The weekend of November 17-18 marked the 11-year anniversary of the assassination
of 6 Jesuit priests, their co-worker and her 13-year-old daughter. A UN
Truth commission later found that 19 of the 26 responsible for the killings
were graduates of the U.S. Army’s School of the Americas (SOA) in Fort
Benning, Georgia. Although this was just one in a number of atrocities
committed by SOA, it brought together a committed group of people at the
gates of Fort Benning to commemorate the assassinations and protest the
continued training of Latin American soldiers in counter-insurgency, torture,
and execution. Since the initial gathering of 12 people in November 1990,
the numbers have grown dramatically, to an estimated 12,000 people last
year and close to that again this year. (For more information on the SOA,
see the School of the Americas Watch’s website at www.soaw.org.)
Originally founded to quell the “threat” of communism in Latin America,
the rhetoric of the SOA has changed significantly in the past ten years.
Now its primary mission is to train Latin American soldiers to protect
the interests of corporations, fight the drug war, and maintain the status
quo, which has meant terrible oppression of the poor—particularly the indigenous
communities of Colombia, Mexico, and Guatemala.
Despite the rain and cold, thousands gathered at the main entrance to Fort
Benning to stand in solidarity with the poor of Latin America and mourn
for the 4,000+ who have died at the hands of SOA graduates. On Saturday,
powerful testaments from Mexican (Chiapas) and Colombian community leaders
interspersed with live music from Pete Seeger, Bruce Cockburn, and the
Andean group Llajtasuyo made for an educational and inspirational afternoon.
Following more music and addresses Sunday morning, the funeral procession
began, in which 3,400—each carrying a cross with the name of a person killed
by SOA graduates—crossed the line onto Fort Benning.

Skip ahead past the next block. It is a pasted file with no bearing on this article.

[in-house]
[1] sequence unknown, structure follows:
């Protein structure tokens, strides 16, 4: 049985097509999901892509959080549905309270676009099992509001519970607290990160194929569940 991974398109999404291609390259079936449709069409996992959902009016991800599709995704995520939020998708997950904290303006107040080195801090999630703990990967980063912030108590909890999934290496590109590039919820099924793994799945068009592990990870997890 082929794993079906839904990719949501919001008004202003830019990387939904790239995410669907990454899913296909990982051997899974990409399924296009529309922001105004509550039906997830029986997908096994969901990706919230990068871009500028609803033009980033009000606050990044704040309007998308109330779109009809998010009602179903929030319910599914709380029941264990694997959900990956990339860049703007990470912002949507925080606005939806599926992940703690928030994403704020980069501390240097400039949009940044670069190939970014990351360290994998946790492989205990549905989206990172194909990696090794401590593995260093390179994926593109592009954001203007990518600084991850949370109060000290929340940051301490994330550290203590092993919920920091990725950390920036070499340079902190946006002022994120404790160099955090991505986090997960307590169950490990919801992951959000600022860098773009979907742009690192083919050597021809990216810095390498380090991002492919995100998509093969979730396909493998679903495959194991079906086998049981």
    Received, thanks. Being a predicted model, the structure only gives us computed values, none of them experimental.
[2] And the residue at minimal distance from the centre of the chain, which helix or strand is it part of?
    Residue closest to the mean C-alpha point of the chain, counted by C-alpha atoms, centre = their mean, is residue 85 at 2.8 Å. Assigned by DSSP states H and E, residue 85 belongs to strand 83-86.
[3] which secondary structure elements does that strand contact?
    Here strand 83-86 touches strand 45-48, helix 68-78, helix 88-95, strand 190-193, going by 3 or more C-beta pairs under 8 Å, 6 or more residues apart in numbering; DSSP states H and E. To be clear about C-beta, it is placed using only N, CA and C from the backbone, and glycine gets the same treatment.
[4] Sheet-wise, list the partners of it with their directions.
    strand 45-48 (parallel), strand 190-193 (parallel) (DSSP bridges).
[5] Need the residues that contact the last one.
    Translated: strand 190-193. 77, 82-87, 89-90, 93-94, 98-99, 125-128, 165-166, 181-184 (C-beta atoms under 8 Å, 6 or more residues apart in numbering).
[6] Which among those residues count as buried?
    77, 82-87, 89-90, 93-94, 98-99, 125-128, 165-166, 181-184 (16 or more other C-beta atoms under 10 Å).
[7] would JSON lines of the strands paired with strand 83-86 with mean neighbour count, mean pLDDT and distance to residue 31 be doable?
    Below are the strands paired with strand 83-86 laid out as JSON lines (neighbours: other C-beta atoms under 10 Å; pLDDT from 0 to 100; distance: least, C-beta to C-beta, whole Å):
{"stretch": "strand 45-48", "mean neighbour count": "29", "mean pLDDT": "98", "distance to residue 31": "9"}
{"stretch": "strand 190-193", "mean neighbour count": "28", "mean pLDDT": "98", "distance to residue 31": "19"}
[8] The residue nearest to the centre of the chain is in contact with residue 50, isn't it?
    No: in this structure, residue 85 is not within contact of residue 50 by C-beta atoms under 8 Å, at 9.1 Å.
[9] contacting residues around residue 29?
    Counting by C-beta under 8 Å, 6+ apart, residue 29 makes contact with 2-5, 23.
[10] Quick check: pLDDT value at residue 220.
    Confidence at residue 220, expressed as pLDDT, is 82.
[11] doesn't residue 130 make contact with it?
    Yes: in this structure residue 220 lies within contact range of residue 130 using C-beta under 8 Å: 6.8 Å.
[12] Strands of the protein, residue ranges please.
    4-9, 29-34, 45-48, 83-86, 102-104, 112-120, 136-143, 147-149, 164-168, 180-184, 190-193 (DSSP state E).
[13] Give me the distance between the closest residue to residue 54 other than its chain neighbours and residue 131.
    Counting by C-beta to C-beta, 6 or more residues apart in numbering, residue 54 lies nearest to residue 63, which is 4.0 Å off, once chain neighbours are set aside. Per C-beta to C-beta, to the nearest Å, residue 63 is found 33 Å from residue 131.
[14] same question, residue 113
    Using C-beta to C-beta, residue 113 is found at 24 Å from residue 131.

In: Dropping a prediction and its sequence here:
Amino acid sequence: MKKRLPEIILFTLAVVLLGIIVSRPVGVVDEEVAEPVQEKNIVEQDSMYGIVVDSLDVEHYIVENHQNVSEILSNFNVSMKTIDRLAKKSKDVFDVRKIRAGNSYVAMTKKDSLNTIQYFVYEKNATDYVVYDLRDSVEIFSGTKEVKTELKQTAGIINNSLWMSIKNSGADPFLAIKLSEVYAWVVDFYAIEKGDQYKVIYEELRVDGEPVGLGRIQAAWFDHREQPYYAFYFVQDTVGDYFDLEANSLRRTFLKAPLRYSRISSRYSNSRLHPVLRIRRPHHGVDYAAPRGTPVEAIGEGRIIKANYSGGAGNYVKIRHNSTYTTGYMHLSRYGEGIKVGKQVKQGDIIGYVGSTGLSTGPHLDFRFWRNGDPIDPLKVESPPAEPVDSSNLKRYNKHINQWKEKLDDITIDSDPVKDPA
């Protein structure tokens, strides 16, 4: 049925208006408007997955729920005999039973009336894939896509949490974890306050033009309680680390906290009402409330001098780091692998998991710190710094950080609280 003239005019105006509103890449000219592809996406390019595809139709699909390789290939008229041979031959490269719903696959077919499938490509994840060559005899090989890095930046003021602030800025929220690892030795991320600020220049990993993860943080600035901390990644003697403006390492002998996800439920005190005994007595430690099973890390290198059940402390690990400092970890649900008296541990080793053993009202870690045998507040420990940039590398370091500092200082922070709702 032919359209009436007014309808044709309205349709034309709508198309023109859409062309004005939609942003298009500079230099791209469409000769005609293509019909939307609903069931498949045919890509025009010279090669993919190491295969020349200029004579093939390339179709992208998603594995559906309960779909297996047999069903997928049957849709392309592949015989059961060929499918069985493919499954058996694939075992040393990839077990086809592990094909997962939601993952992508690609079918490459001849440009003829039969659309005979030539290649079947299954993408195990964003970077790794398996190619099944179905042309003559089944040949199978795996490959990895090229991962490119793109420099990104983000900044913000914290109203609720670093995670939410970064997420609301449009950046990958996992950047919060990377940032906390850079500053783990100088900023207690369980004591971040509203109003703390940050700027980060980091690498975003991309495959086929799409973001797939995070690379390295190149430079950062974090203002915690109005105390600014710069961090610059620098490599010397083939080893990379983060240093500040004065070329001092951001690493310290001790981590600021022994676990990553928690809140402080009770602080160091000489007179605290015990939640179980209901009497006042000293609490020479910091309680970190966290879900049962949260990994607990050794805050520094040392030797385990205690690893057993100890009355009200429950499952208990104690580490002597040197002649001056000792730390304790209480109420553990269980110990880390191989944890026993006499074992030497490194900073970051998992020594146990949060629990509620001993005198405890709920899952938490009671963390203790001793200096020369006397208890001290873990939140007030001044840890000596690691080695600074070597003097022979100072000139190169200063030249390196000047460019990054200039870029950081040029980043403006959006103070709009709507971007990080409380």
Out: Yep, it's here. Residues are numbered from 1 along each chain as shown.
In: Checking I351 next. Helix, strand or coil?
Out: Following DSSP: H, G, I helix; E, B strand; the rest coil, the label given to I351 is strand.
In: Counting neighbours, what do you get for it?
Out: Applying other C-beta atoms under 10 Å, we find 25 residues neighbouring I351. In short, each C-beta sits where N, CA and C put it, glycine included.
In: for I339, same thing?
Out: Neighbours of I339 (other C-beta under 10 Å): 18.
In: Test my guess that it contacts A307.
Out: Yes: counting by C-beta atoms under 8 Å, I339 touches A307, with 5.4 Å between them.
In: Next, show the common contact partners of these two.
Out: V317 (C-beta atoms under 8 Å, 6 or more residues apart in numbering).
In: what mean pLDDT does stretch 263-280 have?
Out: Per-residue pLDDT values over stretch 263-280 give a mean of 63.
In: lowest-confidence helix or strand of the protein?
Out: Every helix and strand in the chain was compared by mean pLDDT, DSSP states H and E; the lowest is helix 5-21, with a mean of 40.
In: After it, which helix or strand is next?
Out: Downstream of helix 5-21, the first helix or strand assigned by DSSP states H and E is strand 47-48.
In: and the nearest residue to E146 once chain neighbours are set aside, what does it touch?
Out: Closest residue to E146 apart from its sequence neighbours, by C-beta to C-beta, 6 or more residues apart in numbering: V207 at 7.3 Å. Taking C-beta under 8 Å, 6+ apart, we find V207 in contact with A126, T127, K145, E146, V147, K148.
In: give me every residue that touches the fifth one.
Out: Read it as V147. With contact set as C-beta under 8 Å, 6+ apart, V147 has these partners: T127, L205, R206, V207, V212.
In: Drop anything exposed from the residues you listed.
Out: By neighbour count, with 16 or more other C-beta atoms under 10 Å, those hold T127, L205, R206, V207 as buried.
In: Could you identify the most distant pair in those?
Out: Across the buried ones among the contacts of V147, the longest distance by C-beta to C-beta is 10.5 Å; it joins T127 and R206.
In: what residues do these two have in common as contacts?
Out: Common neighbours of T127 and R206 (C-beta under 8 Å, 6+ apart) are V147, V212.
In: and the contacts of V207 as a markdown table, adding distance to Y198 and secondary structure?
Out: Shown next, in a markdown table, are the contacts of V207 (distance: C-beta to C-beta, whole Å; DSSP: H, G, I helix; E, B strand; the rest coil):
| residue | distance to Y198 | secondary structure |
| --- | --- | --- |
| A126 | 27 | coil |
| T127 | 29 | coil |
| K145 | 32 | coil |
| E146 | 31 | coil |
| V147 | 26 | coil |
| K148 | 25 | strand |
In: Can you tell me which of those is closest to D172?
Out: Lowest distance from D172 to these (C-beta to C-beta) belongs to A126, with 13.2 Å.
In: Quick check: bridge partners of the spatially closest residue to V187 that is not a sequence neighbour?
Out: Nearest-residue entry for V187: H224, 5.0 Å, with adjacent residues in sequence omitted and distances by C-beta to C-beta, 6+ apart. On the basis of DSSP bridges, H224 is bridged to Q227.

The military police stopped us about a mile inside the base and gave us
two options: (1) turn back, walk off the base, and not be arrested or processed;
or (2) board buses to be taken to the military processing center to be
fingerprinted and photographed. Approximately 2,100 chose the second option,
because a big part of this movement is civil disobedience.
The buses took us to the MP headquarters in an airport hangar where we
were kept on the bus for several hours, then moved to a tent, and finally
taken into the processing center. Our group, in addition to many others,
was intentionally split up to foster a sense of confusion and separation
during the process. Yet it was inspirational to meet a whole new group
of people and hear the reasons why the nuns, Veterans for Peace, school
teachers, college students, grandmothers, etc., chose to come to Fort Benning.
After we were fingerprinted, photographed, and given a letter barring us
from returning to the Fort Benning premises for a five-year period, the
MPs loaded us onto buses and dropped us off at a city park a couple of
miles from the entrance to Fort Benning.
Just after the main funeral procession crossed onto the Fort Benning premises,
another wave of civil disobedience—marked as “high-risk”—began. Groups
buried coffins, planted corn, and ignored police orders. A “puppet invasion”
occurred, which ended in a rather short-lived, yet tense, encounter with
MPs a mile inside the base. At a different Fort Benning entrance, a group
also staged a massacre and locked arms and legs to block traffic and resist
The recent protest at Fort Benning is just one of number of growing resistance
movements across the country and around the world. As economic globalization
and policies that put profits over people continue to exacerbate the gap
between the rich and poor, these movements will only increase in size,
frequency, and influence. It is an exciting and distressing period, as
there are seeds of hope beginning to sprout in spite of the structural
realities that continue to deepen injustice. Z
Baker Perry is a doctoral student in geography at the University of Washington.